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Title:
A COMPOSITE PRODUCT AND A PROCESS FOR PRODUCING SAID PRODUCT
Document Type and Number:
WIPO Patent Application WO/2016/181258
Kind Code:
A1
Abstract:
The present invention relates to a composite product comprising a thermally modified solid wood component coated with a layer of a composite material which composite material comprises thermally modified cellulosic material and a polymer. The invention also relates to a process for producing said composite product.

Inventors:
PYNNÖNEN, Janne (Pienimäentie 5, Lempäälä, 37550, SE)
MAYES, Duncan (Cygnaeuksenkatu 8B 23, Helsinki, 00101, SE)
Application Number:
IB2016/052532
Publication Date:
November 17, 2016
Filing Date:
May 04, 2016
Export Citation:
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Assignee:
STORA ENSO OYJ (P.O 309, Helsinki, 00101, FI)
International Classes:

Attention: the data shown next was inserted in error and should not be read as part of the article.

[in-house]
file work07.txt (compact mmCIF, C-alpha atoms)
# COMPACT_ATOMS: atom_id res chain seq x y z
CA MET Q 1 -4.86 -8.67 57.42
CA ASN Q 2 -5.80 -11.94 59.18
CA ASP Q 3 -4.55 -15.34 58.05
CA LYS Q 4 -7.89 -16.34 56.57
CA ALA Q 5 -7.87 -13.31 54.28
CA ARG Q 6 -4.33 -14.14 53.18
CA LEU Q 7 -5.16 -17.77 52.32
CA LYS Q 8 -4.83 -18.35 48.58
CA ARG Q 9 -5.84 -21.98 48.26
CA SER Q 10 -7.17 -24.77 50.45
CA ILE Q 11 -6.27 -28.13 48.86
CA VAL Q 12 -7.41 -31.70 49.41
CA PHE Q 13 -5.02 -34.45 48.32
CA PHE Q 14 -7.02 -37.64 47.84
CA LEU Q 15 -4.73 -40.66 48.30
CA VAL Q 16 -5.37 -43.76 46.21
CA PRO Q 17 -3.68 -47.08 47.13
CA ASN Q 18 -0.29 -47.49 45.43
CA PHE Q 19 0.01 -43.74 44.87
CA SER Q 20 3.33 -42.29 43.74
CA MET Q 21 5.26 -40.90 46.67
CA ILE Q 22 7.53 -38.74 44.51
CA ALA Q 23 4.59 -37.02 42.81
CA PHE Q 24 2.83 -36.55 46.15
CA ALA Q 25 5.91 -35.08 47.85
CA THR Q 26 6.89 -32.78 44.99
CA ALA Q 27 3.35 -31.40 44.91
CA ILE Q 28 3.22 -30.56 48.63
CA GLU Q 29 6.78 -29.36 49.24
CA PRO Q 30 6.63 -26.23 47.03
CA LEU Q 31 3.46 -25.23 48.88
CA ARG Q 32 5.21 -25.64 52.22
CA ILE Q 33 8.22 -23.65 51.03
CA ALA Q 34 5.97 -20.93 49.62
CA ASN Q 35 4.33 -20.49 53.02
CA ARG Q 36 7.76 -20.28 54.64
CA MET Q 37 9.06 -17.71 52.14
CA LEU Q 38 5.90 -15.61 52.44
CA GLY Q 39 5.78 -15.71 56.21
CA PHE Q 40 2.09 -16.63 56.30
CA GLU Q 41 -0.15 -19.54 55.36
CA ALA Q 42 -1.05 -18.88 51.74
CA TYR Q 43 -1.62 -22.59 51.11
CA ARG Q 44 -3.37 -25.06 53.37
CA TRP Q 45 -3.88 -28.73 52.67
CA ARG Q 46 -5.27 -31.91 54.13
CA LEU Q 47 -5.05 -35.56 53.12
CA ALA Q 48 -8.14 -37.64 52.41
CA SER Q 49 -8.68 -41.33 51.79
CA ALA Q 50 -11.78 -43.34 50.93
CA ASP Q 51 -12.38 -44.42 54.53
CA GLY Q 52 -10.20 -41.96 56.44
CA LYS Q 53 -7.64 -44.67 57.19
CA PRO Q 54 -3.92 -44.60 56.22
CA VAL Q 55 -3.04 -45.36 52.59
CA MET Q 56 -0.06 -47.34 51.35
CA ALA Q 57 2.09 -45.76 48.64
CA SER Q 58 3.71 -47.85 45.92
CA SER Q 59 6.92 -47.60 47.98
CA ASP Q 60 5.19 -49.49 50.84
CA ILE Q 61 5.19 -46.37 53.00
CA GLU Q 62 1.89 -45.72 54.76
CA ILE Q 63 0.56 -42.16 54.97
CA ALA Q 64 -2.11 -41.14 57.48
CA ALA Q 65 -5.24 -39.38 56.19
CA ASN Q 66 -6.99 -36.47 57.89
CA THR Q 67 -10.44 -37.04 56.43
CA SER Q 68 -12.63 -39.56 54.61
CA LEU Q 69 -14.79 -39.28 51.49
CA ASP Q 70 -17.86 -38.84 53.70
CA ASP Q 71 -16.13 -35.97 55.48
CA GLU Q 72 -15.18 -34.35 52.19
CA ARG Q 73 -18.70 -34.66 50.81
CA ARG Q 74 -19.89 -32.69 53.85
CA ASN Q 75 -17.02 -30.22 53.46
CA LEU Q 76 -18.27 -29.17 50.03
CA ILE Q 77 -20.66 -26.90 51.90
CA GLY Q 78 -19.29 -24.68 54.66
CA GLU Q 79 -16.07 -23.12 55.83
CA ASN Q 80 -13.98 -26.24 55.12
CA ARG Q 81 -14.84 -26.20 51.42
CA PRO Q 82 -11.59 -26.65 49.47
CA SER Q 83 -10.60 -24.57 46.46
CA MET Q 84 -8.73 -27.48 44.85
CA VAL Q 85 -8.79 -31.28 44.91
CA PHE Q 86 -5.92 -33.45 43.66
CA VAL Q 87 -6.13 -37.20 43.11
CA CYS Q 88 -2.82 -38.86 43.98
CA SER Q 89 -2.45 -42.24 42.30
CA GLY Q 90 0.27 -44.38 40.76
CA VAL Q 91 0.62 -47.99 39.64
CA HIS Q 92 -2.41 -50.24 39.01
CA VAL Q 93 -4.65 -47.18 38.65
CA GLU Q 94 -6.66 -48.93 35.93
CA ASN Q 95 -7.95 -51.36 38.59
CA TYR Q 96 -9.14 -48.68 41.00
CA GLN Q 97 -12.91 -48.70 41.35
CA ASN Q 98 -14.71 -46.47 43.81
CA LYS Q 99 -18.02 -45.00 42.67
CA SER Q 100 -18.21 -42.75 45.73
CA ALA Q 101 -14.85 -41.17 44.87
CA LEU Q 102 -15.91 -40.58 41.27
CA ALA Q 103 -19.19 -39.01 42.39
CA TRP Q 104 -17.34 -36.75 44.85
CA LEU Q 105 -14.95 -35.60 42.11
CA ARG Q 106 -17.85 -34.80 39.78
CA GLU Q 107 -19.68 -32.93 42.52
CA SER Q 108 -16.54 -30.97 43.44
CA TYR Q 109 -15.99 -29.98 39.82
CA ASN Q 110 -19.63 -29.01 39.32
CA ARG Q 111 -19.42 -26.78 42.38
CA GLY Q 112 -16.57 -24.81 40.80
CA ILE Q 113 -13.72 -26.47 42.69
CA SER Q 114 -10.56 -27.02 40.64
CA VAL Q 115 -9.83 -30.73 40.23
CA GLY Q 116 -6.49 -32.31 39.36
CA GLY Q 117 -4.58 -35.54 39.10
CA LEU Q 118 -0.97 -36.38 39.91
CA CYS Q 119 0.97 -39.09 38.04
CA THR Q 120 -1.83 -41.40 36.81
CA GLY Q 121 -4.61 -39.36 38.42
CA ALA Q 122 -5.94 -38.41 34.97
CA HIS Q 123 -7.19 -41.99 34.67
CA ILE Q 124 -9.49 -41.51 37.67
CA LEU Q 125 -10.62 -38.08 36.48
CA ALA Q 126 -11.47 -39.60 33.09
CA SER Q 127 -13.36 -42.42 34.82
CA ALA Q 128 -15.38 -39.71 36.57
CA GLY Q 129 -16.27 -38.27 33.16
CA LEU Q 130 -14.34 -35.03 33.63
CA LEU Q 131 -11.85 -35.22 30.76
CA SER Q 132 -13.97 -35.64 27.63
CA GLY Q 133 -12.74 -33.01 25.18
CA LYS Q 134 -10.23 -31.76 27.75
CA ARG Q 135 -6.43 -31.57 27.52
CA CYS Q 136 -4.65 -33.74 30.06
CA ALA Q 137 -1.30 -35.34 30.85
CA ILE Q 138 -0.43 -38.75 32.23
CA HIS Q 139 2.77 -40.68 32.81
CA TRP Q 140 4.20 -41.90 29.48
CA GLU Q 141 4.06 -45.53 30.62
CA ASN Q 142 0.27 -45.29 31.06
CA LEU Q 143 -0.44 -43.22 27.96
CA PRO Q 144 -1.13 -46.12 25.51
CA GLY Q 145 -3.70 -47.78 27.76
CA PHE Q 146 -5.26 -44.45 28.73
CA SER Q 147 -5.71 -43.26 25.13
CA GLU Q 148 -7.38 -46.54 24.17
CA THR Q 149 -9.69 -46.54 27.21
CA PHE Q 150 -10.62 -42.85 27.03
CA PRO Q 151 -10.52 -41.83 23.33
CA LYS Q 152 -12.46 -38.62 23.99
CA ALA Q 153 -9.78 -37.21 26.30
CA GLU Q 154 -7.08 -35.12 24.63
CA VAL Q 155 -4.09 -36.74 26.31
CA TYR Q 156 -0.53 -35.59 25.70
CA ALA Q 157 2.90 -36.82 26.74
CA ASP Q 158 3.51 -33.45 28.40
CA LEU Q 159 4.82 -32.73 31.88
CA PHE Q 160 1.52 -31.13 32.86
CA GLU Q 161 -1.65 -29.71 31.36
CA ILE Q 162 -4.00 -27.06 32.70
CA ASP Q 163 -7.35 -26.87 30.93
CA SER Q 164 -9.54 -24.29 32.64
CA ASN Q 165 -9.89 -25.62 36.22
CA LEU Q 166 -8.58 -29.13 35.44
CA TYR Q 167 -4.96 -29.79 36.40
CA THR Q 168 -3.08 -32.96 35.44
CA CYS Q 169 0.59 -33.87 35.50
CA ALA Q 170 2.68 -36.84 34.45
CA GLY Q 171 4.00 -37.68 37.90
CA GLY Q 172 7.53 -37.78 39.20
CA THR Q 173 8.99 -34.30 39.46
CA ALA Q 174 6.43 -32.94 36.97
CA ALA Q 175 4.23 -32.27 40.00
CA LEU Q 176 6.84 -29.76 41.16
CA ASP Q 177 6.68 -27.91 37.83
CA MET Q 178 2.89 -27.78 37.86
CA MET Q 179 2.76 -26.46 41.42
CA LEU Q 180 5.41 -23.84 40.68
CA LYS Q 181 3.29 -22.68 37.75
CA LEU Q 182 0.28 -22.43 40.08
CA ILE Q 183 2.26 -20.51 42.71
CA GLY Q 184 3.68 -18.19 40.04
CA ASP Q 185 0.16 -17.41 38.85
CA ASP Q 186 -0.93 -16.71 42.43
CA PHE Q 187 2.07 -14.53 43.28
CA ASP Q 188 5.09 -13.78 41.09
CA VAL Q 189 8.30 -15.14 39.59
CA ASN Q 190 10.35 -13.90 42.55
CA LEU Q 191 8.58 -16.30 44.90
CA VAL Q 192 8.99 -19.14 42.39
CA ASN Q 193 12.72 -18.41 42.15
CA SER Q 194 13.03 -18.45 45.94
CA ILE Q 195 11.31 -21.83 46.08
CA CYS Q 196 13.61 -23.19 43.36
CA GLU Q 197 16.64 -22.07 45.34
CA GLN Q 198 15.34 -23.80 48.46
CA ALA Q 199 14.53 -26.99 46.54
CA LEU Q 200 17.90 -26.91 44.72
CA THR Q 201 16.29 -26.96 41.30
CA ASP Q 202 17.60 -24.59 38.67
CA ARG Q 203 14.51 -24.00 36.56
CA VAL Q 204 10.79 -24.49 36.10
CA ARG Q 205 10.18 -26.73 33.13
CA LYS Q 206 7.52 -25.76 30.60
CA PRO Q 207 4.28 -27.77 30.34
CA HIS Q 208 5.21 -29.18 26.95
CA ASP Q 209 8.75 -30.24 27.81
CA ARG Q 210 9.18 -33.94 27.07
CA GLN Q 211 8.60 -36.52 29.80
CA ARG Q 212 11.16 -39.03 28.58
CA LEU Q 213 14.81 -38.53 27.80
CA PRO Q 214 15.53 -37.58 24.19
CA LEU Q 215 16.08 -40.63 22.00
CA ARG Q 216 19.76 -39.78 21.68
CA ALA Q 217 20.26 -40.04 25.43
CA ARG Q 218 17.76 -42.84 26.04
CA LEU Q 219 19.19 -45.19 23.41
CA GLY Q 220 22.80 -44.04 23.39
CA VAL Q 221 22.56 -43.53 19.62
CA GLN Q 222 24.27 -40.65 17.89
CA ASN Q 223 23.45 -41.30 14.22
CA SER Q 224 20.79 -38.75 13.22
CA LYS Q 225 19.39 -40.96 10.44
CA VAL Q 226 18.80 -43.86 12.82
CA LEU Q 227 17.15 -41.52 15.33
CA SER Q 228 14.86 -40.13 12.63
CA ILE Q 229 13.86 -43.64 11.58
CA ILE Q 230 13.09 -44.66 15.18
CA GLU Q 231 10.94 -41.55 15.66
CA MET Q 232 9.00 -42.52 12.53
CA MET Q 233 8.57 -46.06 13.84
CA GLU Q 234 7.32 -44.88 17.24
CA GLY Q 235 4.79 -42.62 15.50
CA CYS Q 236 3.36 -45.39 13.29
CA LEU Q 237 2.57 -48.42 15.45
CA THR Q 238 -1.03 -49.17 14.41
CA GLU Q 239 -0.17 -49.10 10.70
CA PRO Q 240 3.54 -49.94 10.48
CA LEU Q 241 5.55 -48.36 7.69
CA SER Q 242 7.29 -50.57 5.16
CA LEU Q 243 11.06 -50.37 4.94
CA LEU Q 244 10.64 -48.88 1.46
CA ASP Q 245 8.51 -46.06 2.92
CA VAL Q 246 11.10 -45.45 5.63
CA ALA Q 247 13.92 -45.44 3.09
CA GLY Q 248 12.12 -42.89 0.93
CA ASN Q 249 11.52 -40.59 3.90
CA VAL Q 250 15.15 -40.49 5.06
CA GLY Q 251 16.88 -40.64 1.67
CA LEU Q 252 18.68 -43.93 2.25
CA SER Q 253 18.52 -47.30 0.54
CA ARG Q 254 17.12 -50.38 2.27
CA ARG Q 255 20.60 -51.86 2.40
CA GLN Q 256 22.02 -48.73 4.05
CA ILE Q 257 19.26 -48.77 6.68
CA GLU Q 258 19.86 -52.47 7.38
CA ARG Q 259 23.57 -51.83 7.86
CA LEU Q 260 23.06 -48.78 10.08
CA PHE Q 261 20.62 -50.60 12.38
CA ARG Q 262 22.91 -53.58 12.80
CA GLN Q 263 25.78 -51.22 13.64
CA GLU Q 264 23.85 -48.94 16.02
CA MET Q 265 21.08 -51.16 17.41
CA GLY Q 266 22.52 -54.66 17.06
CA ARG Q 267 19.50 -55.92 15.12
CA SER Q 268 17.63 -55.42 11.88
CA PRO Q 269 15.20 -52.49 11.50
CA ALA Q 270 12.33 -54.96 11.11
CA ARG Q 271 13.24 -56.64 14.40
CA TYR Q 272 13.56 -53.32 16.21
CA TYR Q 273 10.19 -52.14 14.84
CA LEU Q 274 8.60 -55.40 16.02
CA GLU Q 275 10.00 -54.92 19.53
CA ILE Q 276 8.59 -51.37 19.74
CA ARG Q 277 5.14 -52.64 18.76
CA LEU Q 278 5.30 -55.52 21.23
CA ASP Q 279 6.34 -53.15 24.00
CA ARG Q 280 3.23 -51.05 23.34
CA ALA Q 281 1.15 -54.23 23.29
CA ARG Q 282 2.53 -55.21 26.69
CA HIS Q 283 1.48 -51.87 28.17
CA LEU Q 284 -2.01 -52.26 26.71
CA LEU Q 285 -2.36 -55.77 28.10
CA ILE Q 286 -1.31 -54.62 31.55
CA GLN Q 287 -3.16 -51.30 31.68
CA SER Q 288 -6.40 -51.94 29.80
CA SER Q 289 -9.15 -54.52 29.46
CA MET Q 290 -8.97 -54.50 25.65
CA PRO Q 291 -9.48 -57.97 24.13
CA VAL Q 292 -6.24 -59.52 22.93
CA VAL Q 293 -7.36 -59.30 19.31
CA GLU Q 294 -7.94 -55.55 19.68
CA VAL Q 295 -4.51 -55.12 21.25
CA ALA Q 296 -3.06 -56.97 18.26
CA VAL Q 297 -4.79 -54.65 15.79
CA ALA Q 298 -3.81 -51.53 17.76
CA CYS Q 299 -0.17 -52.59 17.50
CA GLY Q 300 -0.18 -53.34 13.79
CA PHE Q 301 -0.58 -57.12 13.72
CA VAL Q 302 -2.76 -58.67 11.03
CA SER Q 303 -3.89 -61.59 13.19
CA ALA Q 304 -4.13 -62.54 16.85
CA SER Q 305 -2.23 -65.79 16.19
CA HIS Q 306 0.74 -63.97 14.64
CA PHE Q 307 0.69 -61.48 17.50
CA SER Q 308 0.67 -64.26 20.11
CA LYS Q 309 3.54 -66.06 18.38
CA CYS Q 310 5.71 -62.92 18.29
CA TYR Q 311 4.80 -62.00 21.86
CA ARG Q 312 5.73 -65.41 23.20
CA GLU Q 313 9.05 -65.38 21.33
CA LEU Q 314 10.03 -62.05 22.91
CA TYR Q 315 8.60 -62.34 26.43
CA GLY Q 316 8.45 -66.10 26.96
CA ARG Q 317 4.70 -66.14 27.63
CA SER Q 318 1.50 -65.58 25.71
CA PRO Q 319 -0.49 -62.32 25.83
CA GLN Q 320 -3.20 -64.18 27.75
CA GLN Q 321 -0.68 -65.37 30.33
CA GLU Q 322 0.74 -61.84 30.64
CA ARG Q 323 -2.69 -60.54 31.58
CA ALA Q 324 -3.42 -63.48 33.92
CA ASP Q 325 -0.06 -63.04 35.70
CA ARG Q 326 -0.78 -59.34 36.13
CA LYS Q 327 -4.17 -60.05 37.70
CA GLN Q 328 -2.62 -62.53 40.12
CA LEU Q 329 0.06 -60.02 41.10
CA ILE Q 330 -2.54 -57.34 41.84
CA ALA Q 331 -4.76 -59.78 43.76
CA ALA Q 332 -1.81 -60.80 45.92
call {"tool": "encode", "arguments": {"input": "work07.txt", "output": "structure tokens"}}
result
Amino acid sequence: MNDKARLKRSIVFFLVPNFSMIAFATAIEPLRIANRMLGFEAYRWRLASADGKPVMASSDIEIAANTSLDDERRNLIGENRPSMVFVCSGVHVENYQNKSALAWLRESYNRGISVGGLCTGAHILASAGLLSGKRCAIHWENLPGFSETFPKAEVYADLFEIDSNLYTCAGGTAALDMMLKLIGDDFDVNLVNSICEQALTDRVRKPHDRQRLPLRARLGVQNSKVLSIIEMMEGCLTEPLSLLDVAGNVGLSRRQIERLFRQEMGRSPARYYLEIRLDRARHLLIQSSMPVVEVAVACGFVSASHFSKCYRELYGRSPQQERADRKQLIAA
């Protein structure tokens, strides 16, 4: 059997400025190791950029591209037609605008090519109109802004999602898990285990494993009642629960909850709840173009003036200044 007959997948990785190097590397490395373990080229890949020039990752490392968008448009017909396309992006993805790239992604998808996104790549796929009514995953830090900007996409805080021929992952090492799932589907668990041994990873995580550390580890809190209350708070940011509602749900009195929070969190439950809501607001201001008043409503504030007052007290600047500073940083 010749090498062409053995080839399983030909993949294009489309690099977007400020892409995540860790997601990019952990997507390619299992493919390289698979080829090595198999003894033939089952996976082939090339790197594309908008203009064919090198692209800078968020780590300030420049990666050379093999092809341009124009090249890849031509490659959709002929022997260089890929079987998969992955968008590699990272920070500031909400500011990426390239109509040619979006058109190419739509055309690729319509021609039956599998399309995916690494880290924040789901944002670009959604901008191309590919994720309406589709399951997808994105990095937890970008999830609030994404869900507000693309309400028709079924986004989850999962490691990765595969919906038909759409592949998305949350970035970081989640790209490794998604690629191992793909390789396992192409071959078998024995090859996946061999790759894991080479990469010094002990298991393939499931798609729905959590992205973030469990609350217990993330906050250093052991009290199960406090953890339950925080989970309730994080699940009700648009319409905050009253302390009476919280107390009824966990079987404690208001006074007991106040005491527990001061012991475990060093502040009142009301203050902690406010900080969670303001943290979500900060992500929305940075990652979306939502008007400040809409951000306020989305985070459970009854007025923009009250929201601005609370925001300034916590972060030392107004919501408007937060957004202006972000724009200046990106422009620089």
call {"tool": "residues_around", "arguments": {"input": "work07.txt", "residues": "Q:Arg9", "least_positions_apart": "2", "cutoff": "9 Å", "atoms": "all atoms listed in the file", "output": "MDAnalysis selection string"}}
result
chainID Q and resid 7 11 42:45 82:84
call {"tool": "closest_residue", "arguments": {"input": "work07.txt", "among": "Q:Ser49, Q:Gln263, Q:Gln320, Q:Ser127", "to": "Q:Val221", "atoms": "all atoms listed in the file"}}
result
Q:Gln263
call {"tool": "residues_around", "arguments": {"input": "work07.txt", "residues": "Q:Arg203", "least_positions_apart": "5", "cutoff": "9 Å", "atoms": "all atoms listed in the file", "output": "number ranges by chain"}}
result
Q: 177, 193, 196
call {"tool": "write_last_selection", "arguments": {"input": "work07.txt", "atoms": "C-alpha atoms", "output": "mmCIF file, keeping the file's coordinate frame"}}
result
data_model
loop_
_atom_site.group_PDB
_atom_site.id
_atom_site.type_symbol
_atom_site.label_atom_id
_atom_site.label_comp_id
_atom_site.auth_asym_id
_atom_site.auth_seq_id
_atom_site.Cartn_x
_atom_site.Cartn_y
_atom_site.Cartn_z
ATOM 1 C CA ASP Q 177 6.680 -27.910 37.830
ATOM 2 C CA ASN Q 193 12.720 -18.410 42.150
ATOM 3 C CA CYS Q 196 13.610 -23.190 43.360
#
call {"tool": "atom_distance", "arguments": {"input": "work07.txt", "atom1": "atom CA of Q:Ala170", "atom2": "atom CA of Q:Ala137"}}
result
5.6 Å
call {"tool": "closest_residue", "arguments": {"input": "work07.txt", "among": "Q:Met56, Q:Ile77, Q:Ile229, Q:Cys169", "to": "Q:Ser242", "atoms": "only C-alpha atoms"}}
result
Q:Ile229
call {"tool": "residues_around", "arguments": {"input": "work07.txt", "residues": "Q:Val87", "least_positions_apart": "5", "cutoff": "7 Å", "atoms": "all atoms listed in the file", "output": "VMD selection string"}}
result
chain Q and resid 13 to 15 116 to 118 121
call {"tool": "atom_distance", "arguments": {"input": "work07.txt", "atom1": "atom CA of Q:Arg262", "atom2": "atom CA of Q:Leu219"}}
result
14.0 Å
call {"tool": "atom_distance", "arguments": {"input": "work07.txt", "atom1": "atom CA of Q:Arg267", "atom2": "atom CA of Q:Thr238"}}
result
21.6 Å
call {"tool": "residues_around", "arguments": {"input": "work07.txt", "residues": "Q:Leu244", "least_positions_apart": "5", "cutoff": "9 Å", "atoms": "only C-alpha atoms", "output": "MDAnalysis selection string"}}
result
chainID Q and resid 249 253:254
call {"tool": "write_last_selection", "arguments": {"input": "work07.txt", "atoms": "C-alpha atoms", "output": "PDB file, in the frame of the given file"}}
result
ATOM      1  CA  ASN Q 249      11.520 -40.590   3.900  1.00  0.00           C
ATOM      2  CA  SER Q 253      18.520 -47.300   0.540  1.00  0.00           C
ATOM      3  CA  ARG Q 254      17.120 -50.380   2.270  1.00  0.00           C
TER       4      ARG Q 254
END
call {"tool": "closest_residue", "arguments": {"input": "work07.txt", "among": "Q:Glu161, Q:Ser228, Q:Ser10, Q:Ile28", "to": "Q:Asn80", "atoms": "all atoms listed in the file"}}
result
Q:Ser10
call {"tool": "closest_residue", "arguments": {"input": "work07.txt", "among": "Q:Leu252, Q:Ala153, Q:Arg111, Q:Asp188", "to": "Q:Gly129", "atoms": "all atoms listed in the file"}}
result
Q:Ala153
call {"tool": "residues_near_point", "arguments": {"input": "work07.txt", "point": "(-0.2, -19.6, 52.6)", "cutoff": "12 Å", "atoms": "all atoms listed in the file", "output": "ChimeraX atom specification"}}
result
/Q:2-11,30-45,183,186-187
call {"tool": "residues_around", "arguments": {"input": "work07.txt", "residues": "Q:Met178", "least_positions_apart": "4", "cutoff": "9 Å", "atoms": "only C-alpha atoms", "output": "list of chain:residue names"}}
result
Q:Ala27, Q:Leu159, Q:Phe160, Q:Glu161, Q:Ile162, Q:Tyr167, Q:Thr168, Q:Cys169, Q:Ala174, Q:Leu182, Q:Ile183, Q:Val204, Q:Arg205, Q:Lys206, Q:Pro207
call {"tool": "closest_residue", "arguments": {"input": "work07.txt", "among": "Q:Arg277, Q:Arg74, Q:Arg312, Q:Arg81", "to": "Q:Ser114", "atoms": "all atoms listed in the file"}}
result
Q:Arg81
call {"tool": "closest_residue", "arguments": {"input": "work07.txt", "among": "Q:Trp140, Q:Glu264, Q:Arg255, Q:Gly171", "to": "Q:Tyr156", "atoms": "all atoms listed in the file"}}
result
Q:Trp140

B32B21/08; B27K3/12; B27K5/00; B27N7/00; B29C70/12; C08J5/06; D21H11/18
Domestic Patent References:
2012-03-22
2008-12-24
1996-05-23
Foreign References:
US20050106406A12005-05-19
NZ225556A1992-02-25
CN104228236A2014-12-24
Other References:
KABOORAN I, A. ET AL.: "Effects of wood preheat treatment on thermal stability of HDPE composites", JOURNAL OF REINFORCED PLASTICS AND COMPOSITES, vol. 28, no. 24, 2009, pages 2945 - 2955, XP055329384
KABOORANI, A. ET AL.: "Water sorption and mechanical performance of preheated wood/thermoplastic composites", JOURNAL OF COMPOSITE MATERIALS, vol. 45, 2011, pages 1423 - 1433, XP055329388
Attorney, Agent or Firm: